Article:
Use this URL to cite or link to this record in EThOS: http://ethos.bl.uk/OrderDetails.do?uin=uk.bl.ethos.553693
Title: Peptide nanofibres for drug delivery
Author: Mazza, Mariarosa
Awarding Body: University College London (University of London)
Current Institution: University College London (University of London)
Date of Award: 2012
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Abstract:
It is possible that peptides and proteins may be used to treat a wide range of Central Nervous System diseases if these molecules were able to cross the blood brain barrier (BBB). Currently these molecules do not cross the BBB due to their hydrophilic nature and large size. The aim of this work was to investigate the therapeutic applicability of peptide nanofibres as a new peptide brain delivery system. We hypothesise that hydrophilic peptides, when made lipophilic by attaching an acyl chain via a cleavable ester linkage, are able to cross the blood brain barrier and that the resulting lipidic peptides nanofibres assist in the delivery of these molecules to the brain. Dalargin, a neuropeptide and hexapeptide analogue of Leu-enkephalin that is unable to cross the blood brain barrier, was chosen as model drug; on direct injection into the brain, dalargin acts on brain opioid receptors, resulting in analgesia. An amphiphilic derivative of dalargin, palmitoyl dalargin (pDal) was synthesized which self assembled into high-axial-ratio nanostructures in aqueous environments. We have investigated the physicochemical interactions that control to the formation of peptide nanofibres and found that hydrophobic interactions as well as the formation of amino acid ~-sheets are the main drivers of self-assembly. Brain peptide delivery was assessed following intravenous administration of formulations containing pDal nanofibres, nanofibres prepared from pDal and a chitosan amphiphile - quaternary ammonium palmitoyl glycol chitosan (GCPQA) and dalargin (in the absence and presence of GCPQA). While the administration of control samples of dalargin did not result in dalargin being detected in any tissues (only the primary metabolite was detected), pDal was clearly detected in the brain both in the presence and absence of GCPQA. Furthermore only animals administered with pDal experienced analgesia when assayed using the tail flick test. We conclude that peptide nanofibres offer a unique method for delivering hydrophilic peptides across the blood brain barrier.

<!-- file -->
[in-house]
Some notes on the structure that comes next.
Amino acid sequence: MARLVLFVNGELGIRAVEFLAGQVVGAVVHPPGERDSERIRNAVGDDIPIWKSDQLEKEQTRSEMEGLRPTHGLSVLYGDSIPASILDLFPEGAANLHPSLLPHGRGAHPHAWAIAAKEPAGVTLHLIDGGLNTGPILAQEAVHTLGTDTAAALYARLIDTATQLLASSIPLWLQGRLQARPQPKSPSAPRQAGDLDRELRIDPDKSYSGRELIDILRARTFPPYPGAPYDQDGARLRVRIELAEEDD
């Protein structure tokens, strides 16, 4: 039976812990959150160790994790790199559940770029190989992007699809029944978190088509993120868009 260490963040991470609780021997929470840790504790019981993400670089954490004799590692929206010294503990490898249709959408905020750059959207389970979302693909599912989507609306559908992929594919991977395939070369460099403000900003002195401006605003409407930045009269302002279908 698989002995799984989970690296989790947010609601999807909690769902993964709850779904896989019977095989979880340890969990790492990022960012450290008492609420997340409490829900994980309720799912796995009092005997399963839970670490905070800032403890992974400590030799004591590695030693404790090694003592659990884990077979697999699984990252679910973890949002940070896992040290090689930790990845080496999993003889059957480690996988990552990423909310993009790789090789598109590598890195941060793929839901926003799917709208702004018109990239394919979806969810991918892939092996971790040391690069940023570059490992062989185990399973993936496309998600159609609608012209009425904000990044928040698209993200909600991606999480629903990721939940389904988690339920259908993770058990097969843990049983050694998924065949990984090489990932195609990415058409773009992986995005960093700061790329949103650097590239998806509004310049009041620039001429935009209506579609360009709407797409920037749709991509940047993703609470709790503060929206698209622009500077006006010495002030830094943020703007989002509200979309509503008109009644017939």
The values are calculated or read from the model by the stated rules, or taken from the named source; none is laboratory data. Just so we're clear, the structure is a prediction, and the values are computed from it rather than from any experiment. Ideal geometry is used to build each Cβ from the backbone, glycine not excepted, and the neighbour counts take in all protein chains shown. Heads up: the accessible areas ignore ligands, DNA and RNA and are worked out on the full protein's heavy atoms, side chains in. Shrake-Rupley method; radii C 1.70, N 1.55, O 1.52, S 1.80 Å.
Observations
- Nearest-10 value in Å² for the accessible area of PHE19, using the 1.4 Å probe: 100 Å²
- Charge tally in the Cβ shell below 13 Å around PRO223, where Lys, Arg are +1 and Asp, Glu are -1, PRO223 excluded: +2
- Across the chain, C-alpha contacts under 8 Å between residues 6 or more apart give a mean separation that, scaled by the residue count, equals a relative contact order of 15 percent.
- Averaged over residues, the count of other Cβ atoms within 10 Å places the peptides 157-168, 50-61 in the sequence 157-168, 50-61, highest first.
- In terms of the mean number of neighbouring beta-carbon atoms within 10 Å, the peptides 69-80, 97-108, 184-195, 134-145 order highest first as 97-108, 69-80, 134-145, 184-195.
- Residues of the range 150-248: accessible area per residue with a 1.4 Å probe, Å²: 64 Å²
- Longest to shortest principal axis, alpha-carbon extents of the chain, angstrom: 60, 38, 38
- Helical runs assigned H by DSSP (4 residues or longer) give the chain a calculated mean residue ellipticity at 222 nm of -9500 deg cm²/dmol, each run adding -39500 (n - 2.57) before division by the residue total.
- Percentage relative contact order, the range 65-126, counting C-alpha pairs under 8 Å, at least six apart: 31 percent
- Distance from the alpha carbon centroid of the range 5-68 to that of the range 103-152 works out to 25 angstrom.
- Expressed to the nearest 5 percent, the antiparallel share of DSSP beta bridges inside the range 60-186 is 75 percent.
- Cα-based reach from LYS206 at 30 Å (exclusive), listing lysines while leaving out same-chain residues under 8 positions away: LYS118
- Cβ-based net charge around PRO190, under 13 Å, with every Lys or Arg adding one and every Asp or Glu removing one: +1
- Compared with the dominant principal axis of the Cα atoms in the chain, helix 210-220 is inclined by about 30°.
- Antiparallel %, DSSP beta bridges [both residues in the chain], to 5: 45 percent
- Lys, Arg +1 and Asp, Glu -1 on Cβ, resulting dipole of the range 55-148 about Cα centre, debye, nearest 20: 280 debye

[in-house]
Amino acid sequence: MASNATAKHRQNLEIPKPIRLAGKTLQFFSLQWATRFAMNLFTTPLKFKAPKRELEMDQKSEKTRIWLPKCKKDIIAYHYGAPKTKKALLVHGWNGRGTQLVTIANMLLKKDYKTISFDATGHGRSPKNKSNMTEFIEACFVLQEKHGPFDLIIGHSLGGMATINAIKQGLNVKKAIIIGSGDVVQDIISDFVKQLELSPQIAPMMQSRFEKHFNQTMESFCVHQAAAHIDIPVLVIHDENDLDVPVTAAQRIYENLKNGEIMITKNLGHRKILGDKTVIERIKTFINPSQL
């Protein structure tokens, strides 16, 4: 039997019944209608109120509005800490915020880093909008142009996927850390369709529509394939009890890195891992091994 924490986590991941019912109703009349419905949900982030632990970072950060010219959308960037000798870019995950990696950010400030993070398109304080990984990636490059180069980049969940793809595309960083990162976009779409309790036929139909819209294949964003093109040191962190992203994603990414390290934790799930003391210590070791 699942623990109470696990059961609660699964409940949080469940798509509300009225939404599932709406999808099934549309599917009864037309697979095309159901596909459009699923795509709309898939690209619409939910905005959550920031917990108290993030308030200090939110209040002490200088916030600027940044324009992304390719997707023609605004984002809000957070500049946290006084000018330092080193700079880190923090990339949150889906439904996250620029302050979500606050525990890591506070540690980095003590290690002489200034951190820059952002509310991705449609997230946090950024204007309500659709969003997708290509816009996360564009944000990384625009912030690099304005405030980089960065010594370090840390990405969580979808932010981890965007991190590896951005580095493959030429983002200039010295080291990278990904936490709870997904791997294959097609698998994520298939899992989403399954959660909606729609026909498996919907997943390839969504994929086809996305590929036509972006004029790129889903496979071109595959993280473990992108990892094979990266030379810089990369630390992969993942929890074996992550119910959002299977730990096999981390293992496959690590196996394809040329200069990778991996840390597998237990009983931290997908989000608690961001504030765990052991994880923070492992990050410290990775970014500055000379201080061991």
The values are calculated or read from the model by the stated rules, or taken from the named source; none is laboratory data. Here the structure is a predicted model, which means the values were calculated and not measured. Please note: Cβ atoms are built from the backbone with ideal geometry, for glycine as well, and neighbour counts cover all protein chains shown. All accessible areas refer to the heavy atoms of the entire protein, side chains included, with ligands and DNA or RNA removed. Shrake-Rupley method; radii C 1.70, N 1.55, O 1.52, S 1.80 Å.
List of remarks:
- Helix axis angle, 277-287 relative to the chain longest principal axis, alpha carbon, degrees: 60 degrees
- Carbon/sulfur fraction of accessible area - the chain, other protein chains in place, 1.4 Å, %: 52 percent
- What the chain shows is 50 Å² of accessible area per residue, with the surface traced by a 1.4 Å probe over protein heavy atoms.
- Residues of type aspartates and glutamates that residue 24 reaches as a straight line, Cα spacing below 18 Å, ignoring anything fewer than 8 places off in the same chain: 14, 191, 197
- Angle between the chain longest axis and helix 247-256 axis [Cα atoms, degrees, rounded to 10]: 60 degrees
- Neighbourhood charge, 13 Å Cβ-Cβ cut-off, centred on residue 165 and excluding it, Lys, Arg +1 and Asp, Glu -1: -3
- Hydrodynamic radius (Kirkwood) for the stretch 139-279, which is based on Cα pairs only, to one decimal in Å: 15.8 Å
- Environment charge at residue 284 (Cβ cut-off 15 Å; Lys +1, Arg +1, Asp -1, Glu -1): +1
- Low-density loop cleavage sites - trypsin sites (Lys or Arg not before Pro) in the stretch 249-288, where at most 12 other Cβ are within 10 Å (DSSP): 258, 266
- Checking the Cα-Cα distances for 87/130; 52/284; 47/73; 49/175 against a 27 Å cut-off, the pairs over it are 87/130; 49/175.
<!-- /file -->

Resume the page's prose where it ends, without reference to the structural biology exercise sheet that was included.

Supervisor: Not available Sponsor: Not available
Qualification Name: Thesis (Ph.D.) Qualification Level: Doctoral
EThOS ID: uk.bl.ethos.553693  DOI: Not available
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